1551. Combat-related Extremity Wound Infection Epidemiology: Trauma Infectious Disease Outcomes Study 2009-2012
Session: Poster Abstract Session: Clinical Infectious Diseases: Combat Wounds
Saturday, October 10, 2015
Room: Poster Hall
Background: Extremity injuries are a common consequence of modern warfare frequently complicated by infections. Treatment is often further challenged due to the presence of multidrug-resistant bacteria. We describe the epidemiology of extremity wounds and infections among US military patients injured in Iraq and Afghanistan (2009-2012).

Methods: Utilizing the Trauma Infectious Disease Outcome Study (TIDOS) population, all patients with combat-related, open extremity wounds admitted to Landstuhl Regional Medical Center and subsequently transferred to a participating US hospital, were included in the analysis. Wounds were categorized into 3 groups: amputation (which includes amputation only or amputations that occurred at the same site as a fracture), open fracture (which includes fractures with/without another open wound at the same site), and ‘other’ (open wounds without open fractures or amputations).

Results: A total of 1858 patients were admitted for a combat-related injury, of which, 1466 had at least one open extremity wound. The majority (93.5%) served in Afghanistan, while 7.1% served in Iraq. The median injury severity score was 21. The total number of open extremity wounds was 4826: 711 amputations, 1274 open fractures, and 2841 other wounds. On average, there were 3.3 wounds per patient. The overall open extremity wound infection rate was 10.1%. Of these infections the majority were located in the upper leg (260), followed by the lower leg (89) Wound-specific infection rates were 39.3%, 11.8%, and 2% for amputations, open fractures, and other open wounds, respectively. Additionally, 85% of amputation infections were skin and soft-tissue infections (SSTI). The remaining 15% of infections were due to osteomyelitis (OSTEO). Of the 150 infections associated with open fractures, 67.3% were due to SSTI and 33% OSTEO. Lastly, 86.2% of infections in other open wounds were due to SSTI with 13.8% due to OSTEO.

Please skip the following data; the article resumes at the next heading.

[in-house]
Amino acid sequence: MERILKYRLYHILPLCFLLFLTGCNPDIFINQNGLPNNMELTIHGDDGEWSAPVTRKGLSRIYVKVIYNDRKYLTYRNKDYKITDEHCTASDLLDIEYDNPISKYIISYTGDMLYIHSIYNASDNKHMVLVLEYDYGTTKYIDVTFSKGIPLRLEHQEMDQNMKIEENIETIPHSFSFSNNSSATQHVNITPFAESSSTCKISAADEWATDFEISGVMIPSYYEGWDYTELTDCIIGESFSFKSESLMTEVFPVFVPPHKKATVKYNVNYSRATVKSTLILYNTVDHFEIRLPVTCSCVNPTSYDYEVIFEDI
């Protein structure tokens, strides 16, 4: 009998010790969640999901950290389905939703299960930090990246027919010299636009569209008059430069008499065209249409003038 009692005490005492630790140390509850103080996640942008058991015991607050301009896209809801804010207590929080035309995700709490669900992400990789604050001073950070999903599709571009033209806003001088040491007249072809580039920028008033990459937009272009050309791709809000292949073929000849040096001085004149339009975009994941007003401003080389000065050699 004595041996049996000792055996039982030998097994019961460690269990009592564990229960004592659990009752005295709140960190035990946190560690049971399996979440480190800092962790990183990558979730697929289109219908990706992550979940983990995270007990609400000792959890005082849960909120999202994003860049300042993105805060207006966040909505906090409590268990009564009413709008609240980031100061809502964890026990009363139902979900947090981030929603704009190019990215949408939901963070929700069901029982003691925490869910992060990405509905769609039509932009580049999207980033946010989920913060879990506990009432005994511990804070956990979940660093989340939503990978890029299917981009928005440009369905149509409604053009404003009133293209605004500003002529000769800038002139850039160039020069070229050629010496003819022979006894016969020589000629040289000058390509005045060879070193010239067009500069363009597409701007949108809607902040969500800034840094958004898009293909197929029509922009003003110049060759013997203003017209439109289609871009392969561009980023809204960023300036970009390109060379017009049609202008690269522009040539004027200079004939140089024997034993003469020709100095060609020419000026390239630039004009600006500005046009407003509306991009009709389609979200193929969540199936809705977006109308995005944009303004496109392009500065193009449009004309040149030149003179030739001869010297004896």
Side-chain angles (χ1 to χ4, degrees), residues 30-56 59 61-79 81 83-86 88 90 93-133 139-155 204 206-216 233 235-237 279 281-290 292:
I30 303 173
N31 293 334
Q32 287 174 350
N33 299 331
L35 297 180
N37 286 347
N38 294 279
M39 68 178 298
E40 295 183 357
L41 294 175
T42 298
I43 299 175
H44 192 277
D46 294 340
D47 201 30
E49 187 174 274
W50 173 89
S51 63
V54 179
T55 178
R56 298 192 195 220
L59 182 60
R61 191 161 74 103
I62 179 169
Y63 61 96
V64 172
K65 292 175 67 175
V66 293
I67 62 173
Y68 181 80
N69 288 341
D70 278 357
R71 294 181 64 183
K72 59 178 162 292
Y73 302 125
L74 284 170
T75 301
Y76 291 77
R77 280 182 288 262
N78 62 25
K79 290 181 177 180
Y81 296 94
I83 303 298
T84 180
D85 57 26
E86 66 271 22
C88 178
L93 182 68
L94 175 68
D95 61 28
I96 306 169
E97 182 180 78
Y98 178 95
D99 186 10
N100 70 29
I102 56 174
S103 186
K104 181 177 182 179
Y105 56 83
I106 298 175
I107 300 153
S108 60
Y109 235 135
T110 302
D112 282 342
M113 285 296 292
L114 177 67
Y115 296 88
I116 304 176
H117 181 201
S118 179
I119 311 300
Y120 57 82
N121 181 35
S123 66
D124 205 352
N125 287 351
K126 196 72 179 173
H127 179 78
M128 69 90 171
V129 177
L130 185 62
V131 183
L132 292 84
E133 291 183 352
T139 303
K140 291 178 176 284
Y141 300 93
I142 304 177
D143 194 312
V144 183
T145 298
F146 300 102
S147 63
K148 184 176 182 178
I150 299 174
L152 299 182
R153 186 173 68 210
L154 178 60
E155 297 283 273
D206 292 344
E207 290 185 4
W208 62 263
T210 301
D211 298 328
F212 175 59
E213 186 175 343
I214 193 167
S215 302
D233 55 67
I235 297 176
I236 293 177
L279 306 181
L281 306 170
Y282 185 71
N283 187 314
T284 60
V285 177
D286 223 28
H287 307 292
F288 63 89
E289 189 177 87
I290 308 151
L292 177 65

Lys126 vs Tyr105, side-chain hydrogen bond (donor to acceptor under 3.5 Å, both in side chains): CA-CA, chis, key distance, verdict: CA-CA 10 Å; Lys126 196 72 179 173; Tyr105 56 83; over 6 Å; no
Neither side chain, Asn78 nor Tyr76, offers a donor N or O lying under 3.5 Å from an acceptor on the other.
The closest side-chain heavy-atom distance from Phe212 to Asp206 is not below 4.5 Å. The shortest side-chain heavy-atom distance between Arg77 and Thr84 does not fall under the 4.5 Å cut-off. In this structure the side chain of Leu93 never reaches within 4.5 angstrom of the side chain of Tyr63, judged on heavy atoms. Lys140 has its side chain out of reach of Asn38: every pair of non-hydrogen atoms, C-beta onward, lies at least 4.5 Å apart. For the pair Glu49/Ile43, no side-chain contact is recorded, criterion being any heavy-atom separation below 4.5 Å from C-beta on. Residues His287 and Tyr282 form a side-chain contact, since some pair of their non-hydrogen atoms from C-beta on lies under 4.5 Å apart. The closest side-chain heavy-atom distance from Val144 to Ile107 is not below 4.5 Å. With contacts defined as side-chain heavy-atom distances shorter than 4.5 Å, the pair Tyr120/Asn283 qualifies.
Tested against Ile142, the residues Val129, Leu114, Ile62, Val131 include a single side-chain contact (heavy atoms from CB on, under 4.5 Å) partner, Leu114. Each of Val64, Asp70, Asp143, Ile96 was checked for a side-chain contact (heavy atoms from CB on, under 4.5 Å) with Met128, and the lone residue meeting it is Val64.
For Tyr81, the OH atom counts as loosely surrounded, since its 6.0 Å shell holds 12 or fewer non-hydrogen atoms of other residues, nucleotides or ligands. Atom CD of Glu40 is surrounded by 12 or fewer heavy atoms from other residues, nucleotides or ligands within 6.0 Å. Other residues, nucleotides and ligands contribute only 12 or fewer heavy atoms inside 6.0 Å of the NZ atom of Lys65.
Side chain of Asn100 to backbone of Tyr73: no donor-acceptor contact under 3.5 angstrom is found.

Conclusion: The highest rate of infection occurred with amputations accounting for approximately 60% of all infections. Fractures represented 30% and other open wounds only 12%. Overall, these data contribute to a better understanding of infection risk associated with combat extremity wounds.  Future efforts will investigate wound microbiology and clinical outcomes to inform clinical practice for extremity wound management during wartime.

Laveta Stewart, PhD, MSc, MPH1,2, Faraz Shaikh, MS1,2, William P. Bradley, MS1,3,4, Dan Z. Lu, MS1,2, Clinton K. Murray, MD, FIDSA3, Elizabeth Rini, MD5, Timothy Whitman, DO6, Margot Krauss, MD, MPH, FACPM7, Lauren Greenberg, MPH7 and David Tribble, MD, DrPH1, (1)Infectious Disease Clinical Research Program, Uniformed Services University of the Health Sciences, Bethesda, MD, (2)The Henry M. Jackson Foundation for the Advancement of Military Medicine, Inc., Rockville, MD, (3)San Antonio Military Medical Center, JBSA Fort Sam Houston, TX, (4)Henry M. Jackson Foundation for the Advancement of Military Medicine, Inc., Bethesda, MD, (5)Landstuhl Regional Medical Center, APO, AE, (6)Walter Reed National Military Medical Center, Bethesda, MD, (7)Westat, Rockville, MD


L. Stewart, None

F. Shaikh, None

W. P. Bradley, None

D. Z. Lu, None

C. K. Murray, None

E. Rini, None

T. Whitman, None

M. Krauss, None

L. Greenberg, None

D. Tribble, None

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